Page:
The Comic Book Golden Age

March 19, 2013

I was familiar with the name Michael Chabon as being a terrific award-winning literary writer. In fact, he won the Pulitzer in 2001 for The Amazing Adventures of Kavalieri and Clay.

How much do I care about comic books? Not one iota. But  the explosive testimonials plus the Pulitzer made be sit up.

I’m suggesting this book for all good readers of  incredibly skilled writing and a story filled with such dynamite  energy that the top of your head will pop.  What a read! What a read! What a read!

Kavalieri illustrates the comics. Clay writes the stories. The two team up in America after Kavalieri escapes Hitler in a coffin. How? Kavalieri is a devote of Houdini, and his master teacher of escapism  teaches him  how to breathe in a coffin to get out of Chekoslovakia. In that coffin, he lies alongside  a golem, a clay lifesize body built by rabbis in dire times for something to infuse with inspirational powers.  Mary Shelley got her idea for Frankenstein from the golem.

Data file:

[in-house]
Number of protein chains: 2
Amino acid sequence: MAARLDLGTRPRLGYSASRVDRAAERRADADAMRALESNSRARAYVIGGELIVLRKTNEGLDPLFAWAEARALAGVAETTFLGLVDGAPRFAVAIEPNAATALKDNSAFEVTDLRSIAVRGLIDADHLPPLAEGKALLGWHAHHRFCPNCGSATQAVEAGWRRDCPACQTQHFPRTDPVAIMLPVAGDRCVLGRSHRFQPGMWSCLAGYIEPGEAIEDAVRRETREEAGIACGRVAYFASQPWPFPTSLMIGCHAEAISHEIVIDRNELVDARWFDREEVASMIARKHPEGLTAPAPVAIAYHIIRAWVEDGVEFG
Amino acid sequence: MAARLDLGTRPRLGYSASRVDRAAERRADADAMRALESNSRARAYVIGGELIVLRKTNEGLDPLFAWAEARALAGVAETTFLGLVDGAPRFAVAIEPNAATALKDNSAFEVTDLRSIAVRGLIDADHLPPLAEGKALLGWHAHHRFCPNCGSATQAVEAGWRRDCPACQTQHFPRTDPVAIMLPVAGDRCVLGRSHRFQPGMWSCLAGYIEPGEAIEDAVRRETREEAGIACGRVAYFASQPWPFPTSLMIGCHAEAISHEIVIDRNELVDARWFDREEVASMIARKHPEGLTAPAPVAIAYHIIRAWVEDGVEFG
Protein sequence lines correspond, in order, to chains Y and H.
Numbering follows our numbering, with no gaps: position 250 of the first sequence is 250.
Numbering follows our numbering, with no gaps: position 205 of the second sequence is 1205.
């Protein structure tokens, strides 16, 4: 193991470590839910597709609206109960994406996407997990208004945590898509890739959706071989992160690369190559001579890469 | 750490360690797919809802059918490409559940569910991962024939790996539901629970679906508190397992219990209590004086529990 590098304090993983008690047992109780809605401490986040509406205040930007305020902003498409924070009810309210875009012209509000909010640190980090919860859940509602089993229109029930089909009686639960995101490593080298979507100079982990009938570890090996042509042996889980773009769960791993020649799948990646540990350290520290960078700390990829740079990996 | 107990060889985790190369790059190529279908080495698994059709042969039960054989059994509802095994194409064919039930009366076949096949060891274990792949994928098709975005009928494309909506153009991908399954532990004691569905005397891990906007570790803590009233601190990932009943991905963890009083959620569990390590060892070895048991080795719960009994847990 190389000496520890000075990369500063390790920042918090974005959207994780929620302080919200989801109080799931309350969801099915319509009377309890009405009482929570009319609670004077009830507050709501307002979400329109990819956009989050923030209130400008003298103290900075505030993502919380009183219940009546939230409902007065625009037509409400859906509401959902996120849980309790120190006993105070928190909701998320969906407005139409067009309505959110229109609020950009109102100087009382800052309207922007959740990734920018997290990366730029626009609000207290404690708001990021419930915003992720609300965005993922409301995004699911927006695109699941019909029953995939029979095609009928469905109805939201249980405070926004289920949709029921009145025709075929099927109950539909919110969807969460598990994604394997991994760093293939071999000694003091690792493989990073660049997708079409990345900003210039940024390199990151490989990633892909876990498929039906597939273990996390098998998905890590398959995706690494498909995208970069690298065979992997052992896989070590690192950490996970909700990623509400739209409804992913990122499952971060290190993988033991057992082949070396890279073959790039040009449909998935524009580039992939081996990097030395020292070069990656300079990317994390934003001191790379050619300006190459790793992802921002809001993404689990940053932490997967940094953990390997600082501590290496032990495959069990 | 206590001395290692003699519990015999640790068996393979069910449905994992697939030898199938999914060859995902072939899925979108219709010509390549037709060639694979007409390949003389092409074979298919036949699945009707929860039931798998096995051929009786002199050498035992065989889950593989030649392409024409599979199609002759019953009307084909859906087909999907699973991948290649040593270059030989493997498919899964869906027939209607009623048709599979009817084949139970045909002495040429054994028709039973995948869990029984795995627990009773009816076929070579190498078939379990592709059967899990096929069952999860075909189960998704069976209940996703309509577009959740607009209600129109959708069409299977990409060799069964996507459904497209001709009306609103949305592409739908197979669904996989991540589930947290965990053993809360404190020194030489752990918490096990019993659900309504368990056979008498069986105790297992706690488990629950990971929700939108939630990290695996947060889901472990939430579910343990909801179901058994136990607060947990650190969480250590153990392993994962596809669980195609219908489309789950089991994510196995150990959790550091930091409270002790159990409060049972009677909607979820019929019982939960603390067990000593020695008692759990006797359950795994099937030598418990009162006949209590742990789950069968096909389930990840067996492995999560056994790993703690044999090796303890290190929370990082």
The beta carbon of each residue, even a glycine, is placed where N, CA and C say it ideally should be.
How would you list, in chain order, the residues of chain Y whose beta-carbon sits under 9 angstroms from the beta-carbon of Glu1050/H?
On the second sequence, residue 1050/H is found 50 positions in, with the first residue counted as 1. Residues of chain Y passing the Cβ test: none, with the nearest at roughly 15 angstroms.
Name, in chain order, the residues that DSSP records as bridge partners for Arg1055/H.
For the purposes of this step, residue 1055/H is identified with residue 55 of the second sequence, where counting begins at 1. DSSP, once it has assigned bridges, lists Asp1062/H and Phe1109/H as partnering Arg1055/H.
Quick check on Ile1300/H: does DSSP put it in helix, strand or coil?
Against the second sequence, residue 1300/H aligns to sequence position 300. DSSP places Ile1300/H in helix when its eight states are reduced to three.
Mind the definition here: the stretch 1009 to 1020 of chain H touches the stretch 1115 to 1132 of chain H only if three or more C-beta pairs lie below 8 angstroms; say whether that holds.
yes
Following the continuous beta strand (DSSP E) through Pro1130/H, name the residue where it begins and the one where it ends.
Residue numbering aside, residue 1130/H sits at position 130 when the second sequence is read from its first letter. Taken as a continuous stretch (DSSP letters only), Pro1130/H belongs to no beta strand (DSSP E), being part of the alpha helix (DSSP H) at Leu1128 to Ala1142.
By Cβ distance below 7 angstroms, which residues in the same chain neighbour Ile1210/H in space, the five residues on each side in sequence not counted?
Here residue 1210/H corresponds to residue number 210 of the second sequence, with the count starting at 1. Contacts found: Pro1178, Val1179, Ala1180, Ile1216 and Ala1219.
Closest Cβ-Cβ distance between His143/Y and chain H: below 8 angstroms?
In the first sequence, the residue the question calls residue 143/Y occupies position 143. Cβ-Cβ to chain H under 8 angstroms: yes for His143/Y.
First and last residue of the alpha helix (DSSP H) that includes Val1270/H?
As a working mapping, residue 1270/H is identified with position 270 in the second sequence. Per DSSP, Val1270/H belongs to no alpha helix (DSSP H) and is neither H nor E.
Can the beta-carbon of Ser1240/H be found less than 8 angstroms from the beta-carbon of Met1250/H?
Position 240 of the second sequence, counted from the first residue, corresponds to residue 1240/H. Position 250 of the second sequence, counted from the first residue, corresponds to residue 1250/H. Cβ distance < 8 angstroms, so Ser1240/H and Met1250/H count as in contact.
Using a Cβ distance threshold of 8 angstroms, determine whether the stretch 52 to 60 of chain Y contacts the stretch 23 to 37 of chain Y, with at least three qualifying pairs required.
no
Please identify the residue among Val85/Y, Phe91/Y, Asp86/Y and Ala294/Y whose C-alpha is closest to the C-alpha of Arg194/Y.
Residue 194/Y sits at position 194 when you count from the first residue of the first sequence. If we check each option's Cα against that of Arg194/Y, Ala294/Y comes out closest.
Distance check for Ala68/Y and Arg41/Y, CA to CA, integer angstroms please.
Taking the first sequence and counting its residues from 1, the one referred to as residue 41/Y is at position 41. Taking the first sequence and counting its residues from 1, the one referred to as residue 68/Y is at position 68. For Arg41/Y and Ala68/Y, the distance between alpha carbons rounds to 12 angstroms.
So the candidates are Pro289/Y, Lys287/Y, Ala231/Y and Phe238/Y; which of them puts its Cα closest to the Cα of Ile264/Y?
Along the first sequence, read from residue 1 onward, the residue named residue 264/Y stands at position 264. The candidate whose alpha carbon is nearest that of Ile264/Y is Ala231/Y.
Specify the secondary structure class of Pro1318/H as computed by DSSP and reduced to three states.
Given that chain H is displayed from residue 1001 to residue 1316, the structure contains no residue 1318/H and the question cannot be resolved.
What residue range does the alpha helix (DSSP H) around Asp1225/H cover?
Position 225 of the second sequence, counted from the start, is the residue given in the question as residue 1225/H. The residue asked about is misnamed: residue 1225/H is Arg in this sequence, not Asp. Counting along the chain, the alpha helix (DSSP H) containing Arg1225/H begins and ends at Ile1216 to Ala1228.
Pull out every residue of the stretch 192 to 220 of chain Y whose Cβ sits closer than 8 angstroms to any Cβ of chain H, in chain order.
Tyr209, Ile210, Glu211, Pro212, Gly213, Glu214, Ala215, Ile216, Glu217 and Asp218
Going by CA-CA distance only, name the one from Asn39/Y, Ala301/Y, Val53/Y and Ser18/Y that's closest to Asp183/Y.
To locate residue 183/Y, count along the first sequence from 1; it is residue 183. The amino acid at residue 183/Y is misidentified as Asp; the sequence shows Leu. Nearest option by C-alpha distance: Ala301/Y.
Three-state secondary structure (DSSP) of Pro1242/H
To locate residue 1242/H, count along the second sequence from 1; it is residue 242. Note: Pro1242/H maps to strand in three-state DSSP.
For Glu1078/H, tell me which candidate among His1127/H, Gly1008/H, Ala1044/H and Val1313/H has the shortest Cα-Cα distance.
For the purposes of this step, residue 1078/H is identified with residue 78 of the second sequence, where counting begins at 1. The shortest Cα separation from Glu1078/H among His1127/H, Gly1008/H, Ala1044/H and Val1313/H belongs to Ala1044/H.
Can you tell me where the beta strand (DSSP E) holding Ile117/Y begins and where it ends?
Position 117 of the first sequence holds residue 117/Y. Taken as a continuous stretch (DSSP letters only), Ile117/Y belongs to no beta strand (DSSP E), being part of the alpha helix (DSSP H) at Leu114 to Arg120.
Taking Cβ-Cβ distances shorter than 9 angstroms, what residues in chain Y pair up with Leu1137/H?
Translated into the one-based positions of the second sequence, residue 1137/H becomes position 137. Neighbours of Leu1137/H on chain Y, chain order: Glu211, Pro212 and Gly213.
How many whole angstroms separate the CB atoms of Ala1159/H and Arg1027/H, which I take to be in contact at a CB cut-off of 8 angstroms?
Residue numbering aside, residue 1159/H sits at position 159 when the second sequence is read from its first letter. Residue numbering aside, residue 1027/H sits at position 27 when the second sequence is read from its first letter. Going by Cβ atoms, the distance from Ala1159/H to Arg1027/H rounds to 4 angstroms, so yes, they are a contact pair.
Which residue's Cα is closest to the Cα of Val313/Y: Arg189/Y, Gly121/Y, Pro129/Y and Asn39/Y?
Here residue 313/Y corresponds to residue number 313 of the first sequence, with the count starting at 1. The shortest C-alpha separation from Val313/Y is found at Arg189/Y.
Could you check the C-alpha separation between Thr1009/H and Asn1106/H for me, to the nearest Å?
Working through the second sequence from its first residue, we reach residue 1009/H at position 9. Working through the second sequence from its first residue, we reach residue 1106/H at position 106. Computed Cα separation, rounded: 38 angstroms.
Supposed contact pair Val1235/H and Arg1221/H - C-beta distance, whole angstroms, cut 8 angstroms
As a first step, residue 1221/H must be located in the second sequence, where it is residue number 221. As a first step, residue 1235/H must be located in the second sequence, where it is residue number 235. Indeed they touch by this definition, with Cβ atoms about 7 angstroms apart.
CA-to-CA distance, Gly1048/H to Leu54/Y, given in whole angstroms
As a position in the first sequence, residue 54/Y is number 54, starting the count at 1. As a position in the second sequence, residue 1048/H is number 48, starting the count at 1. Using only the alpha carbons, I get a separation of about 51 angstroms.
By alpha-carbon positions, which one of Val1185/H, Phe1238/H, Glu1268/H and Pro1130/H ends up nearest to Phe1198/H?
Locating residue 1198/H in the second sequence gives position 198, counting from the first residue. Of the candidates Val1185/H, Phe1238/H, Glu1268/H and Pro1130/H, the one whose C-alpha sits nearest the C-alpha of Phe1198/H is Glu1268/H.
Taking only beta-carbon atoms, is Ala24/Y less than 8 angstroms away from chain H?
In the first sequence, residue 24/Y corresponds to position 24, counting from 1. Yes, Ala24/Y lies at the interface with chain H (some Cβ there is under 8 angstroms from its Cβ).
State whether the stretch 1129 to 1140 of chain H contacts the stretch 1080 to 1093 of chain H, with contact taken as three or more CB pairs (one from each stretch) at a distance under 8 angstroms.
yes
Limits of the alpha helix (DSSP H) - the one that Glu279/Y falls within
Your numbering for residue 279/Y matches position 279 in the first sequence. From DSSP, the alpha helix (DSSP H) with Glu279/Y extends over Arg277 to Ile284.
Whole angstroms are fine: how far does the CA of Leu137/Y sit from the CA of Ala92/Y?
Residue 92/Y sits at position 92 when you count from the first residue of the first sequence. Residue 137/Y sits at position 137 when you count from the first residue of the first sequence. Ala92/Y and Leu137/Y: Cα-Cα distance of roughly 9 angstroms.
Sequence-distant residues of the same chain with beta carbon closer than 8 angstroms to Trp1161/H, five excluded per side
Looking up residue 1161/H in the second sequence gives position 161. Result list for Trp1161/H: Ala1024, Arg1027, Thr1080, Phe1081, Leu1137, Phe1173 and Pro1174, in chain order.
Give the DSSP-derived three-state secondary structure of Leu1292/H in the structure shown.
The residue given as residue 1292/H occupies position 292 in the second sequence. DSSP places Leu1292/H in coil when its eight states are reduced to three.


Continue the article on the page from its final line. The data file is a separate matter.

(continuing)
Comics are all about escapism through super human characters. You will read about the rise of the comic book industry in America.  The 40’s and 50’s were its golden age.  During that time, children bought comic books at the local drugstore, at candy stores, everywhere, and were addicted to them, traded them, collected them. And Kavalieri and Clay built Empire Comics.  The real deal.